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150 Thrifty Knits

It’s been a while since I’ve knitted anything – crochet seems to have been demanding all my creative time! So it was fun recently to work on a knitting bookazine, 150 Thrifty Knits, which is on sale now:

150 Thrifty Knits bookazine

150 Thrifty Knits bookazine

My involvement was to compile the patterns inside from previous issues of Simply Knitting magazine. The most fun challenge of working on this was trying to get 150 patterns into 132 pages – not easy!

But I’m pleased to say I managed to squeeze in all sorts of patterns for every occasion, including sweet little makes for babies and kids, gift ideas for all the family, treats for yourself or a very special friend, fashion and accessories, and homewares.

At just £7.99, I think this is a real bargain. You can find out more at www.myfavouritemagazines.co.uk or purchase a digital copy from within the free Simply Knitting app (see here for more).

I’m surprised how this bookazine has reignited my enthusiasm for knitting – now, where is my needle stash…

 
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Posted by on November 29, 2014 in Knitting

 

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Simple sewn mats

You might remember that we redecorated our bedroom in July, and I got busy crafting little extras to make it truly ours. Maybe you even remember this photo of our windowsill:

Bedroom temporary plant mat

Bedroom temporary plant mat

Yes, that was a spare oven mitt being used as a plant mat, to protect the wooden windowsill that I’d very carefully painted. Well, I’m happy to tell you that the oven mitt is back in its kitchen drawer, where it should be, because we’ve made a whole windowsill full of pretty, sewn mats:

Six simply sewn windowsill mats

Six simply sewn windowsill mats

The best thing about this sewing project is that all six mats were made by both me and Jonny (the other/better half). We had chosen the fabric together, I’d cut all the pieces and threaded the sewing machine – I was all ready to get started by myself when (as a joke) I asked him whether he might be interested in learning to sew by doing the first (easiest) sewing stage on the mats. To my surprise, he said: “Yeah, I’ll give it a go.” I was surprised and delighted in equal measure!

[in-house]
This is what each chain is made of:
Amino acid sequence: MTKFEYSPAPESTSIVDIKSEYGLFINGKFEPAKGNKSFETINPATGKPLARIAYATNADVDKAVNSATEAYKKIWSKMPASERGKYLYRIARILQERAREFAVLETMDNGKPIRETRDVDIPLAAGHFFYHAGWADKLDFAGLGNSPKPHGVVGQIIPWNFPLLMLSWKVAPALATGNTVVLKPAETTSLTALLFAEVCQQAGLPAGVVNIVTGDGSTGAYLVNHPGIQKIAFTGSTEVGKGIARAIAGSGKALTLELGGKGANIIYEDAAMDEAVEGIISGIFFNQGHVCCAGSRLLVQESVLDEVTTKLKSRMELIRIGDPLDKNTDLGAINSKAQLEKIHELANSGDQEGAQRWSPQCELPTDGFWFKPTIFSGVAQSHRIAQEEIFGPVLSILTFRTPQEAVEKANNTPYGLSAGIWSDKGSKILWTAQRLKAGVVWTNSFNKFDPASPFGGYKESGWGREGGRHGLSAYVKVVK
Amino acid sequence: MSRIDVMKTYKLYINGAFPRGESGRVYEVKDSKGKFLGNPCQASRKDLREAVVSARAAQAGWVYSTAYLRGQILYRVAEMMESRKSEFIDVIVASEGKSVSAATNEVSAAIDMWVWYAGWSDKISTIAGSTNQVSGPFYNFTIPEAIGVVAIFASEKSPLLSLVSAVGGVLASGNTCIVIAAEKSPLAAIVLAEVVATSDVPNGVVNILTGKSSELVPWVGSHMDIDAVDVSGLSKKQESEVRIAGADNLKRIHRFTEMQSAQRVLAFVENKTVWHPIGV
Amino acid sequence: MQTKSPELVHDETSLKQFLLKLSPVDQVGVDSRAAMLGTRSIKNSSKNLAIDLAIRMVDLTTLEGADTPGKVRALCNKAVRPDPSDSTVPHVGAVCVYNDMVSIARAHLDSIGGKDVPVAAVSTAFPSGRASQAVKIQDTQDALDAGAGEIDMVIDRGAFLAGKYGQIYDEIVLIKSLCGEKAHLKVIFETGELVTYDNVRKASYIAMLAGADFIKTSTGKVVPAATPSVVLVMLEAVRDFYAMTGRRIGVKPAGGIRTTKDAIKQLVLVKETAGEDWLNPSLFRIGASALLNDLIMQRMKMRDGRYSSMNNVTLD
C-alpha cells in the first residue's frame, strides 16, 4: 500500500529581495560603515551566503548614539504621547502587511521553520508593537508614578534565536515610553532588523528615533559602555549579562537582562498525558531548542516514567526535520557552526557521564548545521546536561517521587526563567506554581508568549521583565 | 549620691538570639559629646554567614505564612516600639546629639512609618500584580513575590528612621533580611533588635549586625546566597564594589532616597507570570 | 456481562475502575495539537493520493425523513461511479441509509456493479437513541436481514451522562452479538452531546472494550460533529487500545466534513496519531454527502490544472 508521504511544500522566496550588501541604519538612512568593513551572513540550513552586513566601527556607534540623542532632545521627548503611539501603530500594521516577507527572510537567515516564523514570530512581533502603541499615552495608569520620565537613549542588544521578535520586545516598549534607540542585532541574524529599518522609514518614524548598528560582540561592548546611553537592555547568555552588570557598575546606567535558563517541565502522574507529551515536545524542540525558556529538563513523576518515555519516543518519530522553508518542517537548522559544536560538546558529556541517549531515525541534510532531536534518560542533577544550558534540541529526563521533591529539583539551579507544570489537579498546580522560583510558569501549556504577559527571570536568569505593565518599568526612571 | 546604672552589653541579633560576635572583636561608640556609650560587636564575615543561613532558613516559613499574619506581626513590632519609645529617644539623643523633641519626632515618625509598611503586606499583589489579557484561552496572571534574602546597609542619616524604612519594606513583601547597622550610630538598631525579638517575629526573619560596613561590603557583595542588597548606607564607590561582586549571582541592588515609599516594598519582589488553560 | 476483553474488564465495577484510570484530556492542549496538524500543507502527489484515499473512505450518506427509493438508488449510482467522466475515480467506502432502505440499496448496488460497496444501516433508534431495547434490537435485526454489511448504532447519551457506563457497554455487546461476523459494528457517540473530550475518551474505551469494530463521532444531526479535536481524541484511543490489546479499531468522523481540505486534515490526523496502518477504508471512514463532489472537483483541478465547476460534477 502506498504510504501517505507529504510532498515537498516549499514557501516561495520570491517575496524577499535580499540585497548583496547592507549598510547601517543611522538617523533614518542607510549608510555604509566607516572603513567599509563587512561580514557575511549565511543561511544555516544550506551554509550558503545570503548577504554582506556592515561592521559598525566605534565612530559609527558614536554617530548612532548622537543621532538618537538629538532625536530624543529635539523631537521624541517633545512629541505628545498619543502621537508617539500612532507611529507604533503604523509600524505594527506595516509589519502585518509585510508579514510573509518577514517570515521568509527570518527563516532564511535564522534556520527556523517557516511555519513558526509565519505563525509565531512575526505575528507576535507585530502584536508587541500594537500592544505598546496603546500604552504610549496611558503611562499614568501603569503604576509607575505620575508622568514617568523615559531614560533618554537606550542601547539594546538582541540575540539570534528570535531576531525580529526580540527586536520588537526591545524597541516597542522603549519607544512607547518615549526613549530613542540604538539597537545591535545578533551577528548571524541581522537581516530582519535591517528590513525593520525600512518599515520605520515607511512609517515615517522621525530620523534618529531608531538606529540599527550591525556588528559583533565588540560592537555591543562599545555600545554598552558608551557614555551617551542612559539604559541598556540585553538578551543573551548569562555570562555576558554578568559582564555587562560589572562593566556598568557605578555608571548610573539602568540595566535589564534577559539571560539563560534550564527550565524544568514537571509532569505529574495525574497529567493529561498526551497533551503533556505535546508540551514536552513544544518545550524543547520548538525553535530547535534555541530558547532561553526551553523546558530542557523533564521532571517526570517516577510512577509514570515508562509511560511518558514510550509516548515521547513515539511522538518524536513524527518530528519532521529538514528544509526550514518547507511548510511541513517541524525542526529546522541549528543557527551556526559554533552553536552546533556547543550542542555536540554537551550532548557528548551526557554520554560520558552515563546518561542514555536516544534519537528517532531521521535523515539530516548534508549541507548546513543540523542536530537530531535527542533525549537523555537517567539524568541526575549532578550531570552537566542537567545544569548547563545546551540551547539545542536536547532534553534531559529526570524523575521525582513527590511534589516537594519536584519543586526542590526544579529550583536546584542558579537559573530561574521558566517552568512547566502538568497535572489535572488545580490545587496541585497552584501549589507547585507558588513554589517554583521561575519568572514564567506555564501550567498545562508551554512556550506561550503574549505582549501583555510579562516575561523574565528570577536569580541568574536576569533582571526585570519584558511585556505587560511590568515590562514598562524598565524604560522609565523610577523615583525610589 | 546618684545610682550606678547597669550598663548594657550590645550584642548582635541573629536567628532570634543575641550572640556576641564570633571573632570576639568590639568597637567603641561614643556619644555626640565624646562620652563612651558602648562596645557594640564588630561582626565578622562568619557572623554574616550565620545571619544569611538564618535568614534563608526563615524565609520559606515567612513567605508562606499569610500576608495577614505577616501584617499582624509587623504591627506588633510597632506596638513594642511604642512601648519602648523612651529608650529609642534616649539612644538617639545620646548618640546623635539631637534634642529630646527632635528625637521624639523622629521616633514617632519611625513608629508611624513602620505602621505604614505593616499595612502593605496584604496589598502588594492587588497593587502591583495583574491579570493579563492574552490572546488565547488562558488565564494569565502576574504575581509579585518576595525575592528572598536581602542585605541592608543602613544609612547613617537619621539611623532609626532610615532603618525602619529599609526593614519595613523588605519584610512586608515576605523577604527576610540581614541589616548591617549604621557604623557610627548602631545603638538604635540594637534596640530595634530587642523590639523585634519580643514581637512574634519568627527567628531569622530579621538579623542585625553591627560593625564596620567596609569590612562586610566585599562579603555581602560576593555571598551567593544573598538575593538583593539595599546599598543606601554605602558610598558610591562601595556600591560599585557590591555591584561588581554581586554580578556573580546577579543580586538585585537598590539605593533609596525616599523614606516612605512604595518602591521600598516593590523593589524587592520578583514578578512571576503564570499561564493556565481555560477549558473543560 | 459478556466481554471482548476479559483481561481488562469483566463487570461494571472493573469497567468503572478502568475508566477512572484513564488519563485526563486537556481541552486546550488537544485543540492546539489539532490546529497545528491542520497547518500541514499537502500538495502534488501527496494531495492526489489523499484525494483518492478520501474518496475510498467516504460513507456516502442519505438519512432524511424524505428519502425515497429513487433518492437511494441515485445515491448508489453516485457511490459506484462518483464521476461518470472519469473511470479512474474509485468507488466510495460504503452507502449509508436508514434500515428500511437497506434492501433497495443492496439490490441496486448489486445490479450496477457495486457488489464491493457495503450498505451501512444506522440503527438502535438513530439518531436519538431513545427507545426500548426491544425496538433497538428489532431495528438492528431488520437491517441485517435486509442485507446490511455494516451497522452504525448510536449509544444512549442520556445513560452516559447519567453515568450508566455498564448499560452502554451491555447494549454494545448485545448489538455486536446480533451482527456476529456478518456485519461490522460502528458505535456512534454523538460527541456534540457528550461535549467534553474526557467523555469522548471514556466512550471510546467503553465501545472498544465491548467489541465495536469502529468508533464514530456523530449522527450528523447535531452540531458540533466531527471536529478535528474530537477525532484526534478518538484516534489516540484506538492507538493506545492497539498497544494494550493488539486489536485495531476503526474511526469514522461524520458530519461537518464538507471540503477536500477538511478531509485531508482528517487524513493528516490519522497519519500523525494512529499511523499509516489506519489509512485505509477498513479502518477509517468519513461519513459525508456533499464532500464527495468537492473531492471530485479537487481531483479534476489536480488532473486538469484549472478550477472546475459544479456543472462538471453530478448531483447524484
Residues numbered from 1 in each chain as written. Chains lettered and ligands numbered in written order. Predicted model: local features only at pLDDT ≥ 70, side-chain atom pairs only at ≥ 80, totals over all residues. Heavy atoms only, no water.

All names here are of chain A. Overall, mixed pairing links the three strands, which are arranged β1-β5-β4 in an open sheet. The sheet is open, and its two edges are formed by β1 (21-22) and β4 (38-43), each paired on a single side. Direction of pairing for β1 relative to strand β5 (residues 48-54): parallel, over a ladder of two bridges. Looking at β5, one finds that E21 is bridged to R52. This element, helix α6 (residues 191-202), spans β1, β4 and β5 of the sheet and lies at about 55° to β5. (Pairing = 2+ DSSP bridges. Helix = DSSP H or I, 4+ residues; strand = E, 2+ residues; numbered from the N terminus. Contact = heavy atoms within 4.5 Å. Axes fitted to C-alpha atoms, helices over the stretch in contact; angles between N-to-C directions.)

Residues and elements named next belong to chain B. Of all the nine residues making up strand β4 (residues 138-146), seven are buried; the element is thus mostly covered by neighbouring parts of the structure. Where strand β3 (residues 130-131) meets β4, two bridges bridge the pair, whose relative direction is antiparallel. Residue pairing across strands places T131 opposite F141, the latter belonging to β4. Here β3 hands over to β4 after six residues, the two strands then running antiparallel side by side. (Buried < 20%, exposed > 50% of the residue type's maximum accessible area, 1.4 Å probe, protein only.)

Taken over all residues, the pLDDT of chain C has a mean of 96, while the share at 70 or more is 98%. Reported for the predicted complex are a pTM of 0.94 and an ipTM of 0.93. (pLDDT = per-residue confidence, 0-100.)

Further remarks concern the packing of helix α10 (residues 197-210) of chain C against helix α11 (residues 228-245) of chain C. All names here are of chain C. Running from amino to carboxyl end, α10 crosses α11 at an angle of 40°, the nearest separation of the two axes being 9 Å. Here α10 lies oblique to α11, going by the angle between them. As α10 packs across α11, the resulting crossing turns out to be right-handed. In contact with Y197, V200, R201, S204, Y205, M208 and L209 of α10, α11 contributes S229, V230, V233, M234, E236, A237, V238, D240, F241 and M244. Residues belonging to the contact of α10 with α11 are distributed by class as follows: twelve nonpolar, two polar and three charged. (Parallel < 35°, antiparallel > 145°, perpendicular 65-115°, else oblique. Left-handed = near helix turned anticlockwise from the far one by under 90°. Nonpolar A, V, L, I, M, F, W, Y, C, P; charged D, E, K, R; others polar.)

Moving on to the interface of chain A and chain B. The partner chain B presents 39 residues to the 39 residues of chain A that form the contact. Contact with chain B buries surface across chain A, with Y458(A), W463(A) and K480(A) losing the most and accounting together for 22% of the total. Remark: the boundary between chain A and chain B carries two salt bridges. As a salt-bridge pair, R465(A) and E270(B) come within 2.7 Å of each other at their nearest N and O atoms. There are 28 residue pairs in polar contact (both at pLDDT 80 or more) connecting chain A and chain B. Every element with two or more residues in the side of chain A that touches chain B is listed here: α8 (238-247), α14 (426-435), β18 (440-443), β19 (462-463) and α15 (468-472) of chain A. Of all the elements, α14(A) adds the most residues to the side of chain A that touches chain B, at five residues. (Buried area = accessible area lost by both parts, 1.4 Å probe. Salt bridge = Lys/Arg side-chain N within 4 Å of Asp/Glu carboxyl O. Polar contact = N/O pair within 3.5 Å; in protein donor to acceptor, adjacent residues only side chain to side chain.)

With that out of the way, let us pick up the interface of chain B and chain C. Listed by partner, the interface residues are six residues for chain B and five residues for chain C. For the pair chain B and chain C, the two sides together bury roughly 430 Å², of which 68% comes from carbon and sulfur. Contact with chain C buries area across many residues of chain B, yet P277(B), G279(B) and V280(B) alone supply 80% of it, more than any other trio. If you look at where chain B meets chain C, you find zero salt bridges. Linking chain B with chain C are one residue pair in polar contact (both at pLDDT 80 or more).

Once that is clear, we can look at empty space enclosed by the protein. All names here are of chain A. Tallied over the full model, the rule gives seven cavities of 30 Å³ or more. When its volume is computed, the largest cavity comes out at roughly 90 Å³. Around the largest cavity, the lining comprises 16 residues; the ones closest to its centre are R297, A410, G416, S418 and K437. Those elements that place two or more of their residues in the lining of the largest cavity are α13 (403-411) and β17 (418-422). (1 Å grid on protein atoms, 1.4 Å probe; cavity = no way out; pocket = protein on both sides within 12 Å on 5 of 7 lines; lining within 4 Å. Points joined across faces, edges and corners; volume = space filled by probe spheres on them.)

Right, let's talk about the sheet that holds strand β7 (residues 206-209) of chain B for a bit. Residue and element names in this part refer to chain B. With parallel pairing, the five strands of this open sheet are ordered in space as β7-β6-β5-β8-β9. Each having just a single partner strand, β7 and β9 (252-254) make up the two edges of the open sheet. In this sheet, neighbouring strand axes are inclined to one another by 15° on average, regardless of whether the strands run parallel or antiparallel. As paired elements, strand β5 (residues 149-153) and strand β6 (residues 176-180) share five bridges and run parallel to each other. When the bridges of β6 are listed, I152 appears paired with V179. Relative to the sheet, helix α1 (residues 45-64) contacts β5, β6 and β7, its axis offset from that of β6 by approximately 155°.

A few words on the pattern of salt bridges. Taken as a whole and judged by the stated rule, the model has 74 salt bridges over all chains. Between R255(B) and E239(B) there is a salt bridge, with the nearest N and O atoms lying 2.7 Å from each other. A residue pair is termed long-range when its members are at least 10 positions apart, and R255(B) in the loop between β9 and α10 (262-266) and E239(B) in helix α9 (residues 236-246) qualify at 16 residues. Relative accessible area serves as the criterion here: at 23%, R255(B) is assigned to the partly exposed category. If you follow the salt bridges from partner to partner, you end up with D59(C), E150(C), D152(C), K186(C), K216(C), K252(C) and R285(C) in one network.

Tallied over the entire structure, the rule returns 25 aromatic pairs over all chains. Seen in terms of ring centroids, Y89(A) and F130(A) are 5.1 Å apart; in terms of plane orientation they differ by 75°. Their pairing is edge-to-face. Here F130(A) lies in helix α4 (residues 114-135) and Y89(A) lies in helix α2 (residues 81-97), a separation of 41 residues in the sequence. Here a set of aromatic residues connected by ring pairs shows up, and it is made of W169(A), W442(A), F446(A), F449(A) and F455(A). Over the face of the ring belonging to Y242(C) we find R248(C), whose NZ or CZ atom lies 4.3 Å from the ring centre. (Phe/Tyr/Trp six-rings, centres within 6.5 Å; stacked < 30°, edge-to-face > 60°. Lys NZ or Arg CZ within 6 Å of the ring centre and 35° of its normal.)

I think his willingness was, in part, due to a television programme that we’d watched the night before. The BBC do a show called The Great British Sewing Bee, which I really enjoy. Well, they did a series of three charity specials recently, for Children in Need, with celebrities – some of whom were men (some of whom were pretty good). We watched it together and I think seeing other men sewing had made it acceptable for him to do the same.

So I pinned two pieces right sides together and showed him the basics of using the machine, backstitching, sewing in a straight line, turning a corner and leaving a turning gap. And he was really good. He’s not too fond of any task that is “tedious and repetitive”, so his attention span only stretched to doing three mats before he had to have a break. But he came back and sewed the other three. He also helped me turn them all through to the right side and then I just added the wadding and did the topstitching to finish them off. Here’s one a little closer:

Side 1: beige flower fabric

Side 1: beige flower fabric

We made them so that they have a different fabric on each side and each one has a different feel. Sometimes I’m in the mood for the beige side with its delicate little white and blue flowers. Other times, I crave the visual stimulation of the blue side with its geometric patterns:

Side 2: Blue fabric

Side 2: Blue fabric

So far, we’ve got the best of both by having some of the mats on one side and some on the other side. It’s really lovely to have a few different handmade items decorating our new bedroom, but what’s makes these mats even more special is knowing that we made them together. They’re the product of a crafty romance 🙂

 
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Posted by on November 1, 2014 in Sewing

 

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101 Quick & Easy Crochet

Just wanted to quickly tell you about the latest bookazine I’ve been working on, which is out now. It’s called 101 Quick & Easy Crochet Makes. I compiled the patterns inside it from previous issues of Simply Crochet magazine.

There’s a huge amount in here – 101 patterns in fact! There’s something for everyone, including cute babies and kids makes, gifts for men, treats for yourself or a friend, fashion, accessories, homewares and gift ideas for Christmas (yes, I said the C-word!).